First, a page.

Tuesday, April 15, 2008

Procedural Safeguards - Part IV

Today we continue the series on the IDEA procedural safeguards. The four methods of dispute resolution were discussed in great detail in a previous series of posts; this series deals with the remaining procedural safeguards. The United States Supreme Court has frequently referred to the IDEA procedural safeguards as being at the heart of the fairness of the process, the great equalizer. Today we examine how the IDEA'04 changes and the latest federal regulations impact the right to an independent educational evaluation.
The parents of a child with a disability have the right to an independent educational evaluation (hereafter sometimes referred to as “IEE.”) IDEA Section 615(b)(1). The IEE must be provided by the school district at public expense unless the LEA files a due process complaint and shows that its evaluation was appropriate. 34 CFR Section 300.502(b). The U. S. Supreme Court found the right to an IEE, in particular, to be a very important safeguard for parents, and relied on it in part in rejecting the argument that school districts had an advantage in terms of expertise and knowledge. Schaffer v. Weast 546 U. S. 49, 126 S.Ct. 528, 44 IDELR 150 (2005).

Parents may obtain only one IEE at public expense each time the school district conducts an evaluation with which the parents disagree. 34 CFR Section 300.502(b)(5). The purpose of this new regulation is to protect the parents’ right to an IEE (OSEP rejected a suggestion limiting a parent to one IEE in a child’s school career) while ensuring that a school district does not have to bear the cost of multiple IEEs concerning a single disagreement. 71 Fed. Register No. 156 at page 46690 (August 14, 2006).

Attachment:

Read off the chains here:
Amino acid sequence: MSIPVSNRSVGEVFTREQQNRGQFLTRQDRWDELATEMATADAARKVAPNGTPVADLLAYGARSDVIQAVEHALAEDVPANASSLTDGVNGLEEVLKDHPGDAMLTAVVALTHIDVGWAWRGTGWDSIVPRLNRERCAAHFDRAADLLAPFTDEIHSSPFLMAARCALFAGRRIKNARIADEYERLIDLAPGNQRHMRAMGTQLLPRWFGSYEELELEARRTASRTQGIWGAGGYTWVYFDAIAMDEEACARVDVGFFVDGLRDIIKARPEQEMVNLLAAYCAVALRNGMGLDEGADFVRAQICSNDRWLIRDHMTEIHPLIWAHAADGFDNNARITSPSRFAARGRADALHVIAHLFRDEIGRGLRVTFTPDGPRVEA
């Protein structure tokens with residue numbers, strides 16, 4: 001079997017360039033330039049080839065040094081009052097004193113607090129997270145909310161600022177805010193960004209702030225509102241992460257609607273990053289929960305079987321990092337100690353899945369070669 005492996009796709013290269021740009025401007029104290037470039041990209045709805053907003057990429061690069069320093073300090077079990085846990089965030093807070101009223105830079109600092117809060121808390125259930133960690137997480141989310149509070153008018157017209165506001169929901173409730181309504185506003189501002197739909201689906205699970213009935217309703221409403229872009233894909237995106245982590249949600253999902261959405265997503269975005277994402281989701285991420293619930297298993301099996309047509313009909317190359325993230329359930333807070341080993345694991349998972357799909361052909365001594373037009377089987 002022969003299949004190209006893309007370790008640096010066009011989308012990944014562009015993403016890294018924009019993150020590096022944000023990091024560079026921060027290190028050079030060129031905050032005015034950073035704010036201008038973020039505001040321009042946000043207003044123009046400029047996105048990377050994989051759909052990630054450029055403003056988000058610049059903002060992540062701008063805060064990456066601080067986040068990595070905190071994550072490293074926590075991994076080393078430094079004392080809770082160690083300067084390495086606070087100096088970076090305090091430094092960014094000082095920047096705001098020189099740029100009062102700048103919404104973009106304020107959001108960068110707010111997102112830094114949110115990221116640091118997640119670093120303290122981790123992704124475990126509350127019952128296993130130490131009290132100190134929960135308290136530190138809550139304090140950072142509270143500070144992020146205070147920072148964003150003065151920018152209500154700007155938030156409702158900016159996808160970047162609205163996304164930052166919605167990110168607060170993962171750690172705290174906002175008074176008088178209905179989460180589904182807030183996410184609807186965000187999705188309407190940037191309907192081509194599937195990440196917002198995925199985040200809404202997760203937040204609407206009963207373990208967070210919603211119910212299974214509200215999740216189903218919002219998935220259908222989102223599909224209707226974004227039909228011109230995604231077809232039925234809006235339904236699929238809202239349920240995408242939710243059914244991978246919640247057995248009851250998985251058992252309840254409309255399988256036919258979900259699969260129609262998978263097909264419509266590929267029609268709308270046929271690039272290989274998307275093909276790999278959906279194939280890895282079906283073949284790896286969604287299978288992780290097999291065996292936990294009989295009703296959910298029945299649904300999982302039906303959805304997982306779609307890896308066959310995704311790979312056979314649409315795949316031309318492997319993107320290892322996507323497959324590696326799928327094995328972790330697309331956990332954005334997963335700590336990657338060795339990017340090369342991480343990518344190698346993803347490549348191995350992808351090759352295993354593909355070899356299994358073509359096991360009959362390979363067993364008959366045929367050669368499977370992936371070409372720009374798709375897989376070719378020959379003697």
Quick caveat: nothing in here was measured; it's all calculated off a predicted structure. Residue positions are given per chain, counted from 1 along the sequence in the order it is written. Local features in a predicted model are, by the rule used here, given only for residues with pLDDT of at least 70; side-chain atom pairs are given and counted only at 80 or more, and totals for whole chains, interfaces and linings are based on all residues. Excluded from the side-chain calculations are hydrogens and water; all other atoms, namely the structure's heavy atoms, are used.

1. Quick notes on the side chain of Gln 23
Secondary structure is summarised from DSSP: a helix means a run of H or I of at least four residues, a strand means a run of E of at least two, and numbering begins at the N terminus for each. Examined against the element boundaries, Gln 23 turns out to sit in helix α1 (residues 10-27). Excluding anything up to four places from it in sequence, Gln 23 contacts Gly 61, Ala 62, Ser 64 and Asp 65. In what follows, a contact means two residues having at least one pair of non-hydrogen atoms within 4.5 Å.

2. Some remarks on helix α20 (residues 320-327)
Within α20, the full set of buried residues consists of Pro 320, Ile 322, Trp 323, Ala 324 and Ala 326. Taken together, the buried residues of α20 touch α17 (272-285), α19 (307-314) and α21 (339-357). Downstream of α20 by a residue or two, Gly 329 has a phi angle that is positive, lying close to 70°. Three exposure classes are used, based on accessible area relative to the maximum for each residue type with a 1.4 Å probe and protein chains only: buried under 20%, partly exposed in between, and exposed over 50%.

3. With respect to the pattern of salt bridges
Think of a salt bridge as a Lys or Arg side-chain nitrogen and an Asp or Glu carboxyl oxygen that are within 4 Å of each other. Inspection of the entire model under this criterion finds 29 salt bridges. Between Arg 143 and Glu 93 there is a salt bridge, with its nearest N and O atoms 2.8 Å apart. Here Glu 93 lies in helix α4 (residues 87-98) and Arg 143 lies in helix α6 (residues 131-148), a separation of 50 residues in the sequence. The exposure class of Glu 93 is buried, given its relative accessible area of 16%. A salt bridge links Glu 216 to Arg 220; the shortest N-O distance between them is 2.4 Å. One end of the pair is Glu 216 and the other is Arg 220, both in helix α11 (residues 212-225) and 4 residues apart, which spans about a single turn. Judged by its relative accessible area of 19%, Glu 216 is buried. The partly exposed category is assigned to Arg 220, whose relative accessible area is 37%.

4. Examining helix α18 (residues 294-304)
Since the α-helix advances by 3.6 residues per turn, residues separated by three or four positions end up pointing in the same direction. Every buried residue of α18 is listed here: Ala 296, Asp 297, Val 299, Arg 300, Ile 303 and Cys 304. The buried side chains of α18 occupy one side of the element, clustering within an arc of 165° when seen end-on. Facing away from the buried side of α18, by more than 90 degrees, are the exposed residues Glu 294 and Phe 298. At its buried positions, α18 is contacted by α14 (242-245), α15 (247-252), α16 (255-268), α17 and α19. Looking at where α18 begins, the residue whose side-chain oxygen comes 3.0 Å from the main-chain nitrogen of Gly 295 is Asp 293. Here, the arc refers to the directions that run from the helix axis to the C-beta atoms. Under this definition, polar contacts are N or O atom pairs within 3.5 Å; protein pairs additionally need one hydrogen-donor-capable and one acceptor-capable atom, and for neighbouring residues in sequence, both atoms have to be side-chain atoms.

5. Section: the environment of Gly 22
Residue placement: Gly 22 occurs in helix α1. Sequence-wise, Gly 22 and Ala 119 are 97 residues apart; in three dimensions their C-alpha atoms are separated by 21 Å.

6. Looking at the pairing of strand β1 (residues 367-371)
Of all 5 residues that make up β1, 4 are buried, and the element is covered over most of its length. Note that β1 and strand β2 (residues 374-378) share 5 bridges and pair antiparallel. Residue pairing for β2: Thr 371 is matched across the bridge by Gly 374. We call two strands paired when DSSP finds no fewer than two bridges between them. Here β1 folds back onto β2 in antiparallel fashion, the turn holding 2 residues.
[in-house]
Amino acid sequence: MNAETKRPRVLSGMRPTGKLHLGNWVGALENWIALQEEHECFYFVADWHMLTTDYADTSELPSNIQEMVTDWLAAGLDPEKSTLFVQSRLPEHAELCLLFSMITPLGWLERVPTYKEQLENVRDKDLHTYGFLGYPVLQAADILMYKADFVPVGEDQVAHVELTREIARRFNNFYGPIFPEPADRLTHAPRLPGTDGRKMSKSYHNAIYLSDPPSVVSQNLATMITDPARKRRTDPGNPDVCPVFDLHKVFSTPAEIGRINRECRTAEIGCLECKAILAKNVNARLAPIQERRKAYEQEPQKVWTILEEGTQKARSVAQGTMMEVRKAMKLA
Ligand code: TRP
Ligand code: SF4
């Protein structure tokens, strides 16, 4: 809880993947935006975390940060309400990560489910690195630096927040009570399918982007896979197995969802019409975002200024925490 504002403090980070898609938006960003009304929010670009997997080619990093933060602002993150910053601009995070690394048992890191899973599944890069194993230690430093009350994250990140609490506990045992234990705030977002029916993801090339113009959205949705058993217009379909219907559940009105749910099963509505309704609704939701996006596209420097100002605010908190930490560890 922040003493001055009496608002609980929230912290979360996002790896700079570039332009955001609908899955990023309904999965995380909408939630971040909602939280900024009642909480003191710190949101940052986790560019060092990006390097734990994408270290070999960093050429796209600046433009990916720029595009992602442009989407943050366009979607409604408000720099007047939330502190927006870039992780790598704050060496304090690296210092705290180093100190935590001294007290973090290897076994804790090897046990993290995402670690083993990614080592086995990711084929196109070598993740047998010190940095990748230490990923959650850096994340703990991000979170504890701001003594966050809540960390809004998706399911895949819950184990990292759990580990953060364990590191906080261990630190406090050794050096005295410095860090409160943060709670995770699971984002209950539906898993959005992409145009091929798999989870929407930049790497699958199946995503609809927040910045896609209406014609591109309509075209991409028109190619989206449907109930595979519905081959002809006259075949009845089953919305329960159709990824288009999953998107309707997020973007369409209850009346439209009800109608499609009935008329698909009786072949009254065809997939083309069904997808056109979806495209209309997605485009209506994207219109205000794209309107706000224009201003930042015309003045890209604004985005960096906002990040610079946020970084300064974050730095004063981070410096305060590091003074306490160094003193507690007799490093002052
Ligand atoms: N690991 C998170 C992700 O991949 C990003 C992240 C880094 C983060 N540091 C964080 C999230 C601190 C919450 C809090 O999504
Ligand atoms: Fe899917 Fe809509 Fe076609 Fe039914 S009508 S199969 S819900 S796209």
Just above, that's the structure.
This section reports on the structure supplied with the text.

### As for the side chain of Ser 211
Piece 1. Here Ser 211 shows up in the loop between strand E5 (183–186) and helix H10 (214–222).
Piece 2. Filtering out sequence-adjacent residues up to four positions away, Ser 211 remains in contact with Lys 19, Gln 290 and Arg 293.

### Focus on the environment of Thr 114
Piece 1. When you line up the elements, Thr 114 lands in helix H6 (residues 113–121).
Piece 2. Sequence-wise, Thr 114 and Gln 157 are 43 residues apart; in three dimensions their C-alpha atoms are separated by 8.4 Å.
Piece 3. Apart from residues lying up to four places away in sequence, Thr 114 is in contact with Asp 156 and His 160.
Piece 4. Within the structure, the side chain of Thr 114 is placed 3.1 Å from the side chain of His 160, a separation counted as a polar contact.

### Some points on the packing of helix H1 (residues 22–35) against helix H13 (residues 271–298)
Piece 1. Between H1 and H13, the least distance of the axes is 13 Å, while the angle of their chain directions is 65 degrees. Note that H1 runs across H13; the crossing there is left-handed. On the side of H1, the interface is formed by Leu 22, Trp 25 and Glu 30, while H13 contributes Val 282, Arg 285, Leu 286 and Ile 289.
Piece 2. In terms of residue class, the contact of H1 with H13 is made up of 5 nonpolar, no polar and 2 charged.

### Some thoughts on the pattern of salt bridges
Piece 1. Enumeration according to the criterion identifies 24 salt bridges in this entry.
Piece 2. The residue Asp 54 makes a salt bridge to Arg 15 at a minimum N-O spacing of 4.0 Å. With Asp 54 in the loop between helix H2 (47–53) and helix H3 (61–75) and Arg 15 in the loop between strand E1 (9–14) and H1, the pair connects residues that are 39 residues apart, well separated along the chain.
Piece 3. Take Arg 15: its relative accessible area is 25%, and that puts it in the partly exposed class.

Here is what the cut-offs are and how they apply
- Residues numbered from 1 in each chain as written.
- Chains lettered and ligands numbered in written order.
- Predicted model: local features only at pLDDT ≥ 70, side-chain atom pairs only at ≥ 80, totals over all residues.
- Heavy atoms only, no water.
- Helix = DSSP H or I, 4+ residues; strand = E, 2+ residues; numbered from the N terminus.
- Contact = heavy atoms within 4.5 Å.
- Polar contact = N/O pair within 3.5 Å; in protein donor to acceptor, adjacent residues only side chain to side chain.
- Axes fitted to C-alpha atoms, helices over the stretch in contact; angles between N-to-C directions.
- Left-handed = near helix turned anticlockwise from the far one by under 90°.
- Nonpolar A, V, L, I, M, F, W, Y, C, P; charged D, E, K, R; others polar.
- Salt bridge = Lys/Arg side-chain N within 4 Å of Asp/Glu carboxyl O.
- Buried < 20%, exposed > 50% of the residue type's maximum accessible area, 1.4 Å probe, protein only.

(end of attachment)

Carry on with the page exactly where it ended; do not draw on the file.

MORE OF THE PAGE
OSEP has noted that where a hearing officer orders an IEE, parental consent is needed for the release of education records to the independent evaluator. If the parent refuses to consent, the hearing officer could decide to dismiss the parent’s complaint. 71 Fed. Register No. 156 at page 46690 (August 14, 2006).

If a parent obtains an IEE at public expense, but disagrees with the result, the school district may introduce it as evidence in a due process hearing. 71 Fed. Register No. 156 at page 46690 (August 14, 2006).


  1. IEE's (and procedural safeguards in general) are a wonderful "idea". The problem becomes when school districts simply refuse to comply with the law. They say "take us to due process" knowing full well that parents don't have the means to pay an attorney up front (which is becoming more commonplace), much less pay possible expert witness fees that (under current SC rulings) will not be able to be recouped. While the idea of procedural safeguards is a nice one, in many parts of the country, they are useless. And you certainly can't count on the state or OSEP to help. Just my two cents.

  2. In many states parents proceed to due process without lawyers. They obviously are at a disadvantage, but they do sometimes win. Thanks for your comment jeremy.


  3. I've requested a new IEE for my grandson whom is severe speech and language. His doctor says this is true but also has moderate autism. The school says they don't have to dual label him and is determine to push him into general education. Any help is appreciated. please